Center Stage with Pat Launer on KSDS JAZZ88
November 23, 2012
Ghosts, robots and feathered angels. Fantasy meets a fraught reality in three provocative productions.
The biggest and splashiest is the world premiere of “Yoshimi Battles the Pink Robots,” inspired by the album of the same name by alt-rock band, The Flaming Lips. A young woman, a black belt in karate, confronts the combat challenge of her life – fighting to save her life. She’s been diagnosed with an aggressive lymphoma, and the cancerous cells in her body, neither red nor white, are programmed like pink robots to kill off her healthy cells. “Your body is at war with itself,” her doctor tells her. “The power of your own will will determine the outcome.” So she goes into warrior mode against the evil demons, brilliantly represented by neon skeletal humans; a giant, 14-foot puppet; and airborne specters.
The jaw-dropping new musical, conceived and directed by former La Jolla Playhouse artistic director Des McAnuff , in collaboration with Lips frontman Wayne Coyne, is the most technologically-advanced production ever at the Playhouse. The multi-media action is electrifying, though a tad frenetic and frenetic. Oddly enough, it’s the score that slows things down. Almost every song is an aching ballad, mostly between beautiful, indomitable Yoshimi, wonderfully inhabited by Kimiko Glenn, and her two ardent suitors. With a lack of dialogue and a nod to anime, the characters seem one-dimensional. But the compelling voices, the tragic situation and the endless parade of stunning visual stimuli keep you engaged, if not deeply moved.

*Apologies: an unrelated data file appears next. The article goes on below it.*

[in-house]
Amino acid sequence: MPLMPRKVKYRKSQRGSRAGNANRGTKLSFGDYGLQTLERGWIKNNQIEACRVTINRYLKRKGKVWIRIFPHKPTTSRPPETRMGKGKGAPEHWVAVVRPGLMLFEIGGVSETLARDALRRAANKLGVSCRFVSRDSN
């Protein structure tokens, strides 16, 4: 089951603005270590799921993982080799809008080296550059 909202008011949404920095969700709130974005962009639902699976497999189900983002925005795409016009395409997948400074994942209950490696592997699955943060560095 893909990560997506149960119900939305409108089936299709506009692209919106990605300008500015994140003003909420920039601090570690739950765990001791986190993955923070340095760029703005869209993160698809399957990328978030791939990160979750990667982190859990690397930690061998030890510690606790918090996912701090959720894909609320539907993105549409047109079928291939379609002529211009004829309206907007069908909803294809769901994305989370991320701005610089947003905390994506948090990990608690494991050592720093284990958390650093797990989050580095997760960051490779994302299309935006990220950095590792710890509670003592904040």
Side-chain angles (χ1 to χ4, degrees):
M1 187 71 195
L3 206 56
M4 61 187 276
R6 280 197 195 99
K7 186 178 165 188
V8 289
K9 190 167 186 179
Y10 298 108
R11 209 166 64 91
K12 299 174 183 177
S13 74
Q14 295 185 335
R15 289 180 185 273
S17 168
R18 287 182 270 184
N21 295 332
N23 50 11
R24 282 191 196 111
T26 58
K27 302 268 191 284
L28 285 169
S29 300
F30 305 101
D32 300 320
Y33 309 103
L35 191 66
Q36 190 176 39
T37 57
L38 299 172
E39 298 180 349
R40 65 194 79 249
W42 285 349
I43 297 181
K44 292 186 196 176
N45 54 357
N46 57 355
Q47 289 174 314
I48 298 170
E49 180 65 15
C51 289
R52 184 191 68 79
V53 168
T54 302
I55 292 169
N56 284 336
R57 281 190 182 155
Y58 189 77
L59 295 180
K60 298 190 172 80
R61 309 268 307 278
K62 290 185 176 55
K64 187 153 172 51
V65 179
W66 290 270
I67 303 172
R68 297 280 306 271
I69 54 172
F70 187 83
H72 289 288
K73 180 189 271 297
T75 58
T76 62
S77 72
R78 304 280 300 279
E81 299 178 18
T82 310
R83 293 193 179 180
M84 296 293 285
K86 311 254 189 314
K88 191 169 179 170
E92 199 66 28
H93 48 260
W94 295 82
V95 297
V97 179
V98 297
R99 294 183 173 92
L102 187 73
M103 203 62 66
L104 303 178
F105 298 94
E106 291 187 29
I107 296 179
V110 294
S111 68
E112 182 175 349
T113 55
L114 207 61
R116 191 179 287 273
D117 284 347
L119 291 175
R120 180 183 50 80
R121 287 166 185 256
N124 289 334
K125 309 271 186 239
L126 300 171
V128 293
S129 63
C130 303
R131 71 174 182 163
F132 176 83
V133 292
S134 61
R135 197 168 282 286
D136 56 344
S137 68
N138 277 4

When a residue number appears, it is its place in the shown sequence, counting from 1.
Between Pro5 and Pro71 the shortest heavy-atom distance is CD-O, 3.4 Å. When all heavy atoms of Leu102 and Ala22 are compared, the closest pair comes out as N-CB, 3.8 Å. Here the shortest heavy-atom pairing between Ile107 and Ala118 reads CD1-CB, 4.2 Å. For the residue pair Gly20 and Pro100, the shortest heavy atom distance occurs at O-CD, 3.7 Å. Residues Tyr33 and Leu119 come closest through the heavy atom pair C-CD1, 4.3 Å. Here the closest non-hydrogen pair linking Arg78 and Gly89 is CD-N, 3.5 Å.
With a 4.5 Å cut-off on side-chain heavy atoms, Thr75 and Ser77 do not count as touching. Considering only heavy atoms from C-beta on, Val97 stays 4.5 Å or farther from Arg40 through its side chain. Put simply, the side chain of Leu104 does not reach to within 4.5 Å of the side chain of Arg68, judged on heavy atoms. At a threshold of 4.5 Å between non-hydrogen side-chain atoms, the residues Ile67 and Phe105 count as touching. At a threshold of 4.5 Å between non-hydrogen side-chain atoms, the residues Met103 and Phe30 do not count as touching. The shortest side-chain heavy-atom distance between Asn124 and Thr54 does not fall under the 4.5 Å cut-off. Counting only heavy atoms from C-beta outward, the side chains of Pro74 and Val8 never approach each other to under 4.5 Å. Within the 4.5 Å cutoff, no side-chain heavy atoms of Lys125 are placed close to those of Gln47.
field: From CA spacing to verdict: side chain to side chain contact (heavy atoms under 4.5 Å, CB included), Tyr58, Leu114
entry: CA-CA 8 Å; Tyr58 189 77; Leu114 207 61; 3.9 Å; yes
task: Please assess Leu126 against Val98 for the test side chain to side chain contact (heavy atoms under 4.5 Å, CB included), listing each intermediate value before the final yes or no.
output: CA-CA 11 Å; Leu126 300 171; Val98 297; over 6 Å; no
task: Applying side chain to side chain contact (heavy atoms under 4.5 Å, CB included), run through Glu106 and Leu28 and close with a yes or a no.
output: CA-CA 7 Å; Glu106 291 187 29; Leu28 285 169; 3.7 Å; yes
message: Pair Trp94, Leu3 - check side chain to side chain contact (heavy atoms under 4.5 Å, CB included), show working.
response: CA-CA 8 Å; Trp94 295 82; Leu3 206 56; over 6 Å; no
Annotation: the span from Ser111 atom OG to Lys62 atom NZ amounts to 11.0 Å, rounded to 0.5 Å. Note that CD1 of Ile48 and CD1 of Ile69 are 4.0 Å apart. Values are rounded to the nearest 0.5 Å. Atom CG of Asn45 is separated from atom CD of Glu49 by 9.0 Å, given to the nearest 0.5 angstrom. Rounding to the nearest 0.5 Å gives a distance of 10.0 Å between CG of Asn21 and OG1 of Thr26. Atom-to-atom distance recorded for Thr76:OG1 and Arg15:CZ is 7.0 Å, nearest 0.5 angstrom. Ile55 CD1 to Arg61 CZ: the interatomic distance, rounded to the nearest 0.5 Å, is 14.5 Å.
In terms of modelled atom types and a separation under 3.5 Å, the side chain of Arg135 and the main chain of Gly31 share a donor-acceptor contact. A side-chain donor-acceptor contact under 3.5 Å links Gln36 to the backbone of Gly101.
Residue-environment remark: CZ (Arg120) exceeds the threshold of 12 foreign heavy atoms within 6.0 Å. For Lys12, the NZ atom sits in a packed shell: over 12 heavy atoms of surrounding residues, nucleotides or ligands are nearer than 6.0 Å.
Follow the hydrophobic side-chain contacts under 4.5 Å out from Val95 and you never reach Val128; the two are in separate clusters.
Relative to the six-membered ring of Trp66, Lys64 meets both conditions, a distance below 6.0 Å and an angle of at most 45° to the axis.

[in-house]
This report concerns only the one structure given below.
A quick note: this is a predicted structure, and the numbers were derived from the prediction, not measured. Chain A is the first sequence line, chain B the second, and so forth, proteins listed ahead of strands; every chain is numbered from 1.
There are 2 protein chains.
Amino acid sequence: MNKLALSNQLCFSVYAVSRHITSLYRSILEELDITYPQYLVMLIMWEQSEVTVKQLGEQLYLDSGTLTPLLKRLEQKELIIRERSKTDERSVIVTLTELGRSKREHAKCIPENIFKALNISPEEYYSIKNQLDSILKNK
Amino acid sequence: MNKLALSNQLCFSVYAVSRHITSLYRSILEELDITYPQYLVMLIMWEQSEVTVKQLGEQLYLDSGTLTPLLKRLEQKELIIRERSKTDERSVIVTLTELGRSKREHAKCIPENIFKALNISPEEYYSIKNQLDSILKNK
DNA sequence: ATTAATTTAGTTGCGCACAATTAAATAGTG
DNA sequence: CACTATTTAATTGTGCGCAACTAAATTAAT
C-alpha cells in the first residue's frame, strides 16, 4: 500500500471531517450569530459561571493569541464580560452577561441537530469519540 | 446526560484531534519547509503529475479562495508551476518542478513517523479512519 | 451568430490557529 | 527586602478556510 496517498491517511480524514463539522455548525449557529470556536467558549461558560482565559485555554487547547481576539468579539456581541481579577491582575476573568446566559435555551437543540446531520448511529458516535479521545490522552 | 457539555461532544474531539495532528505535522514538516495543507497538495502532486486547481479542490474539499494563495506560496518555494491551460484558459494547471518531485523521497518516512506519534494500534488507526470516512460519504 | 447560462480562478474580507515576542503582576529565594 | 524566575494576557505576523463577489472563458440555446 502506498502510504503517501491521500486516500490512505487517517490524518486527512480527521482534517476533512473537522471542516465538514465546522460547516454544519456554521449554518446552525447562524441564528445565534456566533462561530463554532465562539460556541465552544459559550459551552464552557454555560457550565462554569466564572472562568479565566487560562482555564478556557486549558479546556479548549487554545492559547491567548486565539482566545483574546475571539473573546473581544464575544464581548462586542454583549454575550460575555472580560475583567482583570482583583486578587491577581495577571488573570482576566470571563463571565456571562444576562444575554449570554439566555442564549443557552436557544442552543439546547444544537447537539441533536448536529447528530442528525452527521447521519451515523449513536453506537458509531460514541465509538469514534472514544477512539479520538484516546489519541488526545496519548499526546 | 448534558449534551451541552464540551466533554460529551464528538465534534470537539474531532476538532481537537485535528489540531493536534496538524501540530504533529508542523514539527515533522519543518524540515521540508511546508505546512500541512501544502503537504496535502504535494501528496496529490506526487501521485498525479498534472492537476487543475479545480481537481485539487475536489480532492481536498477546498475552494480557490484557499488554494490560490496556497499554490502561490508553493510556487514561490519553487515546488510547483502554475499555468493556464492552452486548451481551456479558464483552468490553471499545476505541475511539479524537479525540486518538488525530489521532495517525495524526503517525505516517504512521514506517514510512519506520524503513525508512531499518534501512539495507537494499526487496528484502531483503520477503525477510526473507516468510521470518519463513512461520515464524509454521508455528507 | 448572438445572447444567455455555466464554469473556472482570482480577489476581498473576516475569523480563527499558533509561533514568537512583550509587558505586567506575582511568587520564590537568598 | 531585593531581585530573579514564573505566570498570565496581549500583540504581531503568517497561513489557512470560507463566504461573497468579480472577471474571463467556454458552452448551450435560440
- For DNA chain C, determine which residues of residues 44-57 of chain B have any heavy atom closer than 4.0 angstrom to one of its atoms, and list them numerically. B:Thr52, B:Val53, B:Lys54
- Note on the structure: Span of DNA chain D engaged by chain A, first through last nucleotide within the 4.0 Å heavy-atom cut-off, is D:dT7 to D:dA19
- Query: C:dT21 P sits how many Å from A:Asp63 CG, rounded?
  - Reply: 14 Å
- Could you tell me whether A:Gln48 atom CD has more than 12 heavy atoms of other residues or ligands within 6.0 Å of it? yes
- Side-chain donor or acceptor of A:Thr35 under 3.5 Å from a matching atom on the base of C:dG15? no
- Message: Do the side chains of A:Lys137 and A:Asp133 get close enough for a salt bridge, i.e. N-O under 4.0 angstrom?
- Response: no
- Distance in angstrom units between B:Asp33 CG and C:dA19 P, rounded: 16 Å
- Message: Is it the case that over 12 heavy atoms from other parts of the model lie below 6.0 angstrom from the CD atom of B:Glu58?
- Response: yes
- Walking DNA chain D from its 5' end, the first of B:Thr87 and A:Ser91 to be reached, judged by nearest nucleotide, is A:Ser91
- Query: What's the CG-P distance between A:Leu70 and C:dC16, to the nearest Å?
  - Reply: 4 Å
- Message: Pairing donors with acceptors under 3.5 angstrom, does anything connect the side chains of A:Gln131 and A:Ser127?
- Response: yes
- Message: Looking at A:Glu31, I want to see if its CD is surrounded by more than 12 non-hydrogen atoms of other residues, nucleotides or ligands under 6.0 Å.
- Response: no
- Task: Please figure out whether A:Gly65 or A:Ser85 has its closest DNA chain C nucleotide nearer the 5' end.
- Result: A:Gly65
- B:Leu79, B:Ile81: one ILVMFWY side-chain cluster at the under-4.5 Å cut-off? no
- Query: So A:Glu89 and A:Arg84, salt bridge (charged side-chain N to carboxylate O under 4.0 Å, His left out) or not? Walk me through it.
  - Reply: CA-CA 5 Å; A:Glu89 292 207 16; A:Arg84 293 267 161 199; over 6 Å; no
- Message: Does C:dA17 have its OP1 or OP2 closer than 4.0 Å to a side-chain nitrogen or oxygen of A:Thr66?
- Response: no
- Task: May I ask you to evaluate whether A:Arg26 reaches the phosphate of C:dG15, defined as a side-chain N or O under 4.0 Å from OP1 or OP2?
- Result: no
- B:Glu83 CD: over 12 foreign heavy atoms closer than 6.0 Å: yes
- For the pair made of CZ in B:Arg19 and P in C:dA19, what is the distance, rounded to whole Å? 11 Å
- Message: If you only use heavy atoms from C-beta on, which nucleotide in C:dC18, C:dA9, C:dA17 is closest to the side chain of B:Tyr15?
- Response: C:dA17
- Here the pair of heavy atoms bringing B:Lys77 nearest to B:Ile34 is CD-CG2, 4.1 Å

The dysfunction of the family at the center of “The Little Flower of East Orange” forces you to feel the pain of their mutual destruction. The hospitalized matriarch has visitations from her dead father. Once her offspring arrive, all hell breaks loose. Hot-buttons are pushed, old scabs are picked to bleeding, and a long-held nugget of denial is finally loosed.
ion theatre takes a big juicy bite out of this sharp-edged, sharp-tongued semi-autobiographical dramedy by Stephen Adly Guirgis. The ensemble is superlative, including priceless performances by ion co-founders and co-directors Claudio Raygoza and Glenn Paris. Trina Kaplan, Jeffrey Jones and Catalina Maynard are terrific as the deeply conflicted family who hurt and love with equal vehemence.
Meanwhile, at Diversionary Theatre, a high schooler is spending his time locked in the bathroom, afraid to come out (in both senses of the term). The john is his escape from his newly separated parents, bleak Kansas existence and emerging sexual identity. And it’s his only place to read the play that’s changing his life – and affecting everyone around him. The depth and profundity of Tony Kushner’s brilliant epic, “Angels in America,” gives rise to the lyrical poetry of playwright Harrison David Rivers, confronting race, politics, love, loss and learning to overcome your fear and fly. A soaring production, with high-powered acting and direction.
In their own quirky, otherworldly ways, each of these plays is a defiant affirmation of life.
“The Little Flower Of East Orange” runs through December 8, at ion theatre on the edge of Hillcrest.
In University Heights, Diversionary Theatre’s “When Last We Flew” plays through December 9.
“Yoshimi Battles The Pink Robots” continues through December 16 at the La Jolla Playhouse.
©2012 PAT LAUNER